FEWER people are shot in the US when gun lovers attend National Rifle Association conventions, a survey has revealed.
Gun injuries fell by 20 per cent during the NRA’s national gathering, Harvard medical school researchers found.
The NRA, which has long opposed stricter gun controls, has come under increasing pressure in the wake of the Parkland high school massacre in Florida when 17 people were shot dead.
It has pointed out that it offers courses designed to ‘ensure the safe and effective use of firearms’.
But senior researcher Dr Anupam Jena said: ‘The drop in gun injuries during these large meetings, attended by thousands of well-trained gun owners, seems to refute the idea that gun injuries stem solely from lack of experience and training in gun use.’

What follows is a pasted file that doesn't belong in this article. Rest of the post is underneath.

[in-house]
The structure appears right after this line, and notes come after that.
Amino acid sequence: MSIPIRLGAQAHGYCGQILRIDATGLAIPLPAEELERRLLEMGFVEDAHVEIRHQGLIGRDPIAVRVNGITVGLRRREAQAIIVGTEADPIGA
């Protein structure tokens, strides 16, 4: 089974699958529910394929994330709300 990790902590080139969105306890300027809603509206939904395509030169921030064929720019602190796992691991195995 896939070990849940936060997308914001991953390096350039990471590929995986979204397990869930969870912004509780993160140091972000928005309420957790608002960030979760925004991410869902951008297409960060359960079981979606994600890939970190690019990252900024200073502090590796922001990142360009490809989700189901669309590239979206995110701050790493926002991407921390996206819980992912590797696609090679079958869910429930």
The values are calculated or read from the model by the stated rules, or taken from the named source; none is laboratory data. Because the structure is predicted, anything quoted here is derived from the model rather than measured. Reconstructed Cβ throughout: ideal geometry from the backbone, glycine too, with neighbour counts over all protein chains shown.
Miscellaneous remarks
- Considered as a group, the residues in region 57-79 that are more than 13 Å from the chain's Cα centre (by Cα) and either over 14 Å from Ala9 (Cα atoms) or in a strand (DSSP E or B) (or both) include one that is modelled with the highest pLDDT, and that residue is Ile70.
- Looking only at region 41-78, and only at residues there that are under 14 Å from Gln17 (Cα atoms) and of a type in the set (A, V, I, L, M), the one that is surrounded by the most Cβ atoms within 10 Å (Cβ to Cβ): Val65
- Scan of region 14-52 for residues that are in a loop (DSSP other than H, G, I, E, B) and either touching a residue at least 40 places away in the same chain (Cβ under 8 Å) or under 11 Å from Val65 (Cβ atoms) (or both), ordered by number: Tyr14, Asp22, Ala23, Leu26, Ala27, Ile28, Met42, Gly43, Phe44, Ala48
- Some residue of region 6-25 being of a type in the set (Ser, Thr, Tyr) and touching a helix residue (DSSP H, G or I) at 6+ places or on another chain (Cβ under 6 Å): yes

NRA meetings attract 80,000 or more visitors from across the US. Dr Jena said they provided an interesting ‘natural experiment’ to see what happens when a large number of avid gun users take a few days off from shooting.
His team’s research, based on 76million medical insurance claims at hospitals between 2007 and 2015, found that gun injuries on non-NRA convention days occurred at a rate of 1.5 per 100,000 people, while on convention dates it was 1.25.
Dr Jena added: ‘No matter how one feels about guns, one thing that we should all recognise is that owning and operating a firearm entails risk.’
■ ONE of the US’s biggest gun retailers has stopped selling assault weapons in the wake of the Florida school massacre. Dick’s Sporting Goods also refuse to sell guns to anyone aged under 21. Boss Edward Stack said the company ‘felt it needed to do something’ after it emerged shooter Nickolas Cruz, 19, had purchased a weapon at a Dick’s store. The firearm was not used in the Parkland high school shooting.